Africa, southern Europe, eastern Europe and the south Pacific . Although interdependent selves appear to be more
common, independent selves predominate.
- One does not need to look in an exotic place to find evidence of collectivism. There are places of collectivism
even in the United states. In a study people from different states were surveyed to calculate a collectivism score
for each state. The one with the highest collectivism was Hawaii probably bc of that state’s large population of
people with Asian ancestry. The least collectivistic were in Northeast and Mideast [note that this is where most of
the uni’s were]. It has been noticed that most of the research has been conducted in countries that score high in
individualism, and even in US, it has been conducted in the places that are most individualistic. [Forms a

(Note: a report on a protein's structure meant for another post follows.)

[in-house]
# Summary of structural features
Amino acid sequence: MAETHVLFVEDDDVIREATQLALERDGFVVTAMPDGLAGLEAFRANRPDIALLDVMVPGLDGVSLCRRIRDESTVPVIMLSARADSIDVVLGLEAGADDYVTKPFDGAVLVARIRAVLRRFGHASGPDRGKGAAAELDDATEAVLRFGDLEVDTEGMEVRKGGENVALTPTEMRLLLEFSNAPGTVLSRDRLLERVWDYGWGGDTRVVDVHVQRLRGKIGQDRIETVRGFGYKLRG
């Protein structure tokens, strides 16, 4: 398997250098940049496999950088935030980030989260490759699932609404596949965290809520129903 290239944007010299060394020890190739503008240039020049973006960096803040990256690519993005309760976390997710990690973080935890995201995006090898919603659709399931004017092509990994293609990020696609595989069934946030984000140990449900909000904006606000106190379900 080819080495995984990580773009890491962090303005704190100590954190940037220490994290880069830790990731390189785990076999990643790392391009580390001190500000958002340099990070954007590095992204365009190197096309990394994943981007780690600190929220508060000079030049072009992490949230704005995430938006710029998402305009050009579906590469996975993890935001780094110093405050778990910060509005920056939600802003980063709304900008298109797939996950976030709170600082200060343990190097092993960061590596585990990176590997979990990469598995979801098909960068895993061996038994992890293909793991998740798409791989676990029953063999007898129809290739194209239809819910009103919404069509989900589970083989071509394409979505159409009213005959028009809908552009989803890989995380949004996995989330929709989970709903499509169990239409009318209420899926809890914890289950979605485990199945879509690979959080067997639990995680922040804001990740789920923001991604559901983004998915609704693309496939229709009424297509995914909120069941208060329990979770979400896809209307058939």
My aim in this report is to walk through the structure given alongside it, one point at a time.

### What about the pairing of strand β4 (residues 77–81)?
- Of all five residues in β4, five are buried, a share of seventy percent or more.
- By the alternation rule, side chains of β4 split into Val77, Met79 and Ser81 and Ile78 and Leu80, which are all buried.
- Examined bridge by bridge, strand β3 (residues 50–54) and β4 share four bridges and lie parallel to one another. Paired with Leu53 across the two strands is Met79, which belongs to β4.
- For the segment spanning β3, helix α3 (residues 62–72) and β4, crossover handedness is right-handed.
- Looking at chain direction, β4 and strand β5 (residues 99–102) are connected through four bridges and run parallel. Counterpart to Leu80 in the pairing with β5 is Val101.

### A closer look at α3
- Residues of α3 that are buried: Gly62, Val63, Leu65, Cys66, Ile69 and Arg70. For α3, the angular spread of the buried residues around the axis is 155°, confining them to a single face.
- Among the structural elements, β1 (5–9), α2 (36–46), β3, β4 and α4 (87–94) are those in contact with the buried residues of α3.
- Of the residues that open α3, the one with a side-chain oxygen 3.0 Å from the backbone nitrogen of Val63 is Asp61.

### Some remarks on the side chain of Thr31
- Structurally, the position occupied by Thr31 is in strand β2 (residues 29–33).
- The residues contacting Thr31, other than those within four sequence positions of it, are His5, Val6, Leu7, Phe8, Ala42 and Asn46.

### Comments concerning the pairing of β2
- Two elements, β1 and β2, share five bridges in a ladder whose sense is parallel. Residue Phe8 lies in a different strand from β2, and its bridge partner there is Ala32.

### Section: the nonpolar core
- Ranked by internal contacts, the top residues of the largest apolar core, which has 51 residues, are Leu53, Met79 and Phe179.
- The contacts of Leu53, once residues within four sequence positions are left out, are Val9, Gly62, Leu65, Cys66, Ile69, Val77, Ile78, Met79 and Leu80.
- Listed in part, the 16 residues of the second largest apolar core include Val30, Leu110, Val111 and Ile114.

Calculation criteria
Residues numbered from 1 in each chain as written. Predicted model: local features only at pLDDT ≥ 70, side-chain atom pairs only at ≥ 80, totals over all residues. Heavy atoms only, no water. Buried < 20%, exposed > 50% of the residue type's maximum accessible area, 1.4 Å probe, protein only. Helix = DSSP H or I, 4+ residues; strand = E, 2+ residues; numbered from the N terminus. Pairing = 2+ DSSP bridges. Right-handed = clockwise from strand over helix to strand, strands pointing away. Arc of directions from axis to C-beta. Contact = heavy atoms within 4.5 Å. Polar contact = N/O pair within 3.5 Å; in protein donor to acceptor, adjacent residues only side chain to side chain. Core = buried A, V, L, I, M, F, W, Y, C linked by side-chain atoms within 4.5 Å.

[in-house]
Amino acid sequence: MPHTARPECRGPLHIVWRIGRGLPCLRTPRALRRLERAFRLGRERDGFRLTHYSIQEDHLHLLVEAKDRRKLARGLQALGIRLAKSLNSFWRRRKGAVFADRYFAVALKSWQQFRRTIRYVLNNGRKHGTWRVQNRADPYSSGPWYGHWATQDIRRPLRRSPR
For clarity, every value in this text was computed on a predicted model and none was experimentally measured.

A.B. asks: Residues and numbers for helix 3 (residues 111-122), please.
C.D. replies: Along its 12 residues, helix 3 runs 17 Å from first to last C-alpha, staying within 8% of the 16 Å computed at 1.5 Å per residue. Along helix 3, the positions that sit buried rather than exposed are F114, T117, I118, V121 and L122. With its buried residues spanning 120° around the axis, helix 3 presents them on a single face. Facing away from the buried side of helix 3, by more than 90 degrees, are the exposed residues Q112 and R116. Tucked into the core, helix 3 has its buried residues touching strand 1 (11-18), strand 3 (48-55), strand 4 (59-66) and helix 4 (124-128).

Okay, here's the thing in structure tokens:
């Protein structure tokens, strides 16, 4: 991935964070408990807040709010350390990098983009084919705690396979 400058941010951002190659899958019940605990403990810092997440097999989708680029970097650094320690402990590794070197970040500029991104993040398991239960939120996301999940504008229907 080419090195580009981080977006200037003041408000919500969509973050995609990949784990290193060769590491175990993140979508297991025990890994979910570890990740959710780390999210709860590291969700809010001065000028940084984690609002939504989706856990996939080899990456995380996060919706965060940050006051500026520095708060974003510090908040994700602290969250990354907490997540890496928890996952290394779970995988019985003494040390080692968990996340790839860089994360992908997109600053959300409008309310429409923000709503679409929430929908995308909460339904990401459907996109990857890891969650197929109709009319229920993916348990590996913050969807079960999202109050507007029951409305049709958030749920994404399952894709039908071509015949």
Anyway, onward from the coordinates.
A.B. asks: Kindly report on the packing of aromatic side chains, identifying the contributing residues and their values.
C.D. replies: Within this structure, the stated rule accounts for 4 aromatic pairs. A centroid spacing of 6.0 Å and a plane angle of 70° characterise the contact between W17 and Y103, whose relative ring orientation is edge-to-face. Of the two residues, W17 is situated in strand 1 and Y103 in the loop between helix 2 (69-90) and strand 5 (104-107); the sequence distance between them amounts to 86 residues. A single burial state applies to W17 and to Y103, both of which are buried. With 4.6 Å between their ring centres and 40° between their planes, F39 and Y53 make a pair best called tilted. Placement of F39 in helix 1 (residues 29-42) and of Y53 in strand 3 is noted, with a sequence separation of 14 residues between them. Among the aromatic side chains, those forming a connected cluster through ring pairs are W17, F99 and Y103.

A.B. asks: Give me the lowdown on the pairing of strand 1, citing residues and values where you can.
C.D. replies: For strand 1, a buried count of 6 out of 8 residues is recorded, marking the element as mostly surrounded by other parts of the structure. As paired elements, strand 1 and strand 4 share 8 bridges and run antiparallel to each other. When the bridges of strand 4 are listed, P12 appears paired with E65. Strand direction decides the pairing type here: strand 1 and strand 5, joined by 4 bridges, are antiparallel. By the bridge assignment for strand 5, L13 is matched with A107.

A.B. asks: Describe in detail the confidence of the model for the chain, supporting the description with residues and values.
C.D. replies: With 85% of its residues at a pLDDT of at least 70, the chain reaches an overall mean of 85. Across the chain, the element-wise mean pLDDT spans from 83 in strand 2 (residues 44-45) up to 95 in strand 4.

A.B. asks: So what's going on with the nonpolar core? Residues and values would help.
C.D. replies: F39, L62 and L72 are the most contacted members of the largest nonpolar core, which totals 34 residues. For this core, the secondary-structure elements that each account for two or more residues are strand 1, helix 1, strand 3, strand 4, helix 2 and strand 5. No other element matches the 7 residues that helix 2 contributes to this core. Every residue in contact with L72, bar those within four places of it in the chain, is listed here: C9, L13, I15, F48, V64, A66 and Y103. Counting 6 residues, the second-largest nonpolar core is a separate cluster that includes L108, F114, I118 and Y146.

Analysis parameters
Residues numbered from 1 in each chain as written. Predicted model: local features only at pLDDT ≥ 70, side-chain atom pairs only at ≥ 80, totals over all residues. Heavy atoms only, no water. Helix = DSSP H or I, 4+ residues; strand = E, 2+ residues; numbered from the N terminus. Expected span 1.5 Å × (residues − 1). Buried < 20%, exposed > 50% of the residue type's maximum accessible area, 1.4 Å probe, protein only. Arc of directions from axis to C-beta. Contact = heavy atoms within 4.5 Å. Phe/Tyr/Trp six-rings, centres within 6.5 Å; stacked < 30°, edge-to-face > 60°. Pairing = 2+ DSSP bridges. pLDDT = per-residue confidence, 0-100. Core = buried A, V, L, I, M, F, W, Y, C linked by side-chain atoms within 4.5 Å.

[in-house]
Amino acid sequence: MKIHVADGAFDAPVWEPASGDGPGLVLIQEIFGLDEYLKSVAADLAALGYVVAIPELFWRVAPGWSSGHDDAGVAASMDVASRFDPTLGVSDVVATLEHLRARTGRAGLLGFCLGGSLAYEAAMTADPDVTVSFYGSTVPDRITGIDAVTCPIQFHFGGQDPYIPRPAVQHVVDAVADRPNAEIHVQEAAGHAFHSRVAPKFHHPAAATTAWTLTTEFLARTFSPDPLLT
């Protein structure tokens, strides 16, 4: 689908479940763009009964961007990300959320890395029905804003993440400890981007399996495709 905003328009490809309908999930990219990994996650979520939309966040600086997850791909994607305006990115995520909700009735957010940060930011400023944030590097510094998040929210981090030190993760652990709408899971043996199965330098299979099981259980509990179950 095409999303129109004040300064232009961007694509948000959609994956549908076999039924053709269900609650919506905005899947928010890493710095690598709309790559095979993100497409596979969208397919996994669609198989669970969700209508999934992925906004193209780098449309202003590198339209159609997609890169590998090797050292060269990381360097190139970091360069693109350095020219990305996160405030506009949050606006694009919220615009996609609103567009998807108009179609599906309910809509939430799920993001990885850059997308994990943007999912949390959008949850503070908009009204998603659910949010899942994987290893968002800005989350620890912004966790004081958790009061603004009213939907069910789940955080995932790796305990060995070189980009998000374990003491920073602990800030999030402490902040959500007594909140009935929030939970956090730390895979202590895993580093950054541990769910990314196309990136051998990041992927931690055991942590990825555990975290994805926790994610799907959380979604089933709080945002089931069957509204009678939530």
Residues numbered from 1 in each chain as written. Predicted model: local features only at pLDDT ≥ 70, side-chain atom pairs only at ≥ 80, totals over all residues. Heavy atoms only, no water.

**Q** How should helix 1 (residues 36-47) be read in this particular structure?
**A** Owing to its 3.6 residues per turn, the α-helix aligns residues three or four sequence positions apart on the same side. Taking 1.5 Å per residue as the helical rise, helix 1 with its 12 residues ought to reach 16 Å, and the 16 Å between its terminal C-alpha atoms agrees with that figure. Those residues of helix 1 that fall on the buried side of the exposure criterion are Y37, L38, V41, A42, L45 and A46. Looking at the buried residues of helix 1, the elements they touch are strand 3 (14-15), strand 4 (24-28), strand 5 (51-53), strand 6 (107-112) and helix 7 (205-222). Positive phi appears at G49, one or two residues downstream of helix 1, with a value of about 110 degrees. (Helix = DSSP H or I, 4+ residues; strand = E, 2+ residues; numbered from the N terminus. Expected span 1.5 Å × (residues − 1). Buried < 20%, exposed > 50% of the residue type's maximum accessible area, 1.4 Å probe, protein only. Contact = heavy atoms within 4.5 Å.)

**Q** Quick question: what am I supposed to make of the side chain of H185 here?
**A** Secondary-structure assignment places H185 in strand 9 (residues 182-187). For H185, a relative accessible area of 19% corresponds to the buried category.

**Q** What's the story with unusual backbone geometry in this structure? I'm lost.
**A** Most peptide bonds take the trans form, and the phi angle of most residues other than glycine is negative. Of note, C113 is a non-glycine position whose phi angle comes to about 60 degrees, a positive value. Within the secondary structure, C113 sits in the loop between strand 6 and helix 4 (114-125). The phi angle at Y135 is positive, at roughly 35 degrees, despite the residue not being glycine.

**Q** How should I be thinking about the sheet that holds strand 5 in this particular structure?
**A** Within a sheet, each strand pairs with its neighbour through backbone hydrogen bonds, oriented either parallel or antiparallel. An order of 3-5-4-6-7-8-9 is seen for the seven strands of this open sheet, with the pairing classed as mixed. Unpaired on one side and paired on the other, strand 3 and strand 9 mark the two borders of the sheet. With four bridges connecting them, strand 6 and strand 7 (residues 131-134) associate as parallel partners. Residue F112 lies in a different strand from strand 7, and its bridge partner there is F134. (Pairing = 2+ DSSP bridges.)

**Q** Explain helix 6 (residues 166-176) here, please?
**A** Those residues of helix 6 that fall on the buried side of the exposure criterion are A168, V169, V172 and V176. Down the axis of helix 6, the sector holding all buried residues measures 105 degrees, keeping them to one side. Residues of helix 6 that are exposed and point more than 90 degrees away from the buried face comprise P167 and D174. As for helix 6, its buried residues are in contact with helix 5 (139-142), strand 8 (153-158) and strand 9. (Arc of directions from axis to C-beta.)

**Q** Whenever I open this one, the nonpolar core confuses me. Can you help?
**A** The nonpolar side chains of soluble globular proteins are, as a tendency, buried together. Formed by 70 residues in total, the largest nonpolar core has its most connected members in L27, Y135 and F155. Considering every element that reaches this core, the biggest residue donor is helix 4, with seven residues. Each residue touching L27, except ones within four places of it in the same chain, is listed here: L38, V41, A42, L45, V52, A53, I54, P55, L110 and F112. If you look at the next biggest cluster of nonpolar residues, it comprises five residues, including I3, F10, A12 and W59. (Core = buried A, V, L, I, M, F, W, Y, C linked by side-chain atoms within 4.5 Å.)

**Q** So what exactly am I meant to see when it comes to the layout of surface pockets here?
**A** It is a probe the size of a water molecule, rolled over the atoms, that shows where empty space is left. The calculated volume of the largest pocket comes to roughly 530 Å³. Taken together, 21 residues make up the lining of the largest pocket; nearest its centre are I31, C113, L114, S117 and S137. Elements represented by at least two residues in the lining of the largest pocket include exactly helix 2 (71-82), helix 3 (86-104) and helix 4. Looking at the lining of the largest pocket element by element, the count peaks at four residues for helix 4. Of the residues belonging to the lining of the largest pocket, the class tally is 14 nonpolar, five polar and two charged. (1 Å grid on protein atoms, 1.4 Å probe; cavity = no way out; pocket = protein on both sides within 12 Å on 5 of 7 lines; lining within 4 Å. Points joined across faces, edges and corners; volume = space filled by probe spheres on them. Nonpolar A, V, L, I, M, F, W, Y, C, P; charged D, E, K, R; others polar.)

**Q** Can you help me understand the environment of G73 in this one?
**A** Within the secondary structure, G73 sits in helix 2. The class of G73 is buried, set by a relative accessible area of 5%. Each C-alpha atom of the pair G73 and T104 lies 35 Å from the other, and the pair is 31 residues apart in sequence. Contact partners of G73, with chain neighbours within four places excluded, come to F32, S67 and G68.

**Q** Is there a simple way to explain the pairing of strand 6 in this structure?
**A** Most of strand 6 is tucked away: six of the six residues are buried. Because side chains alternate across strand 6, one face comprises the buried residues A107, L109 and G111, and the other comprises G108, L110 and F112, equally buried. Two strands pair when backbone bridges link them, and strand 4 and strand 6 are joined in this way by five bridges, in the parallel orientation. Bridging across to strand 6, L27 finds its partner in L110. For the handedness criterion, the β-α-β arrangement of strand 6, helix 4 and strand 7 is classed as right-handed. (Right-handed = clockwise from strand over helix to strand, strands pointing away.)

misinterpretation bc they always focus on a certain part/group in a country to get the results they want, not much
focus on collectivistic countries]
A NOTE ON HETEROGENEITY OF INDIVIDUALS AND CULTURES
- In reality people cannot be categorized so cleanly into [independent/interdependent] so cleanly; rather the
experience of self appears to track a continuum. Every individual feels a point in their life, when they feel
connected with others and at other times, very distinct. Every individual has both interdependent and independent
parts of the self; however people vary to the degree of which they are closer to the independent or interdependent
side. One important determinant of HOW OFTEN people are experiencing themselves as independent or
interdependent is the situations they encounter on a daily basis. Situations that highlight independent aspects of
the self will be more frequently encountered when participating in an individualistic culture in which cultural
practices emphasize personal goals. Vice versa.
- Cultures are highly variable and are resistant to simple categorization. All cultures are heterogeneous and contain
a great variety of people. The culture has some coherence in that people in the culture are exposed to a similar set
of messages through the media, the institutions they belong to, and the norms and practices that are common.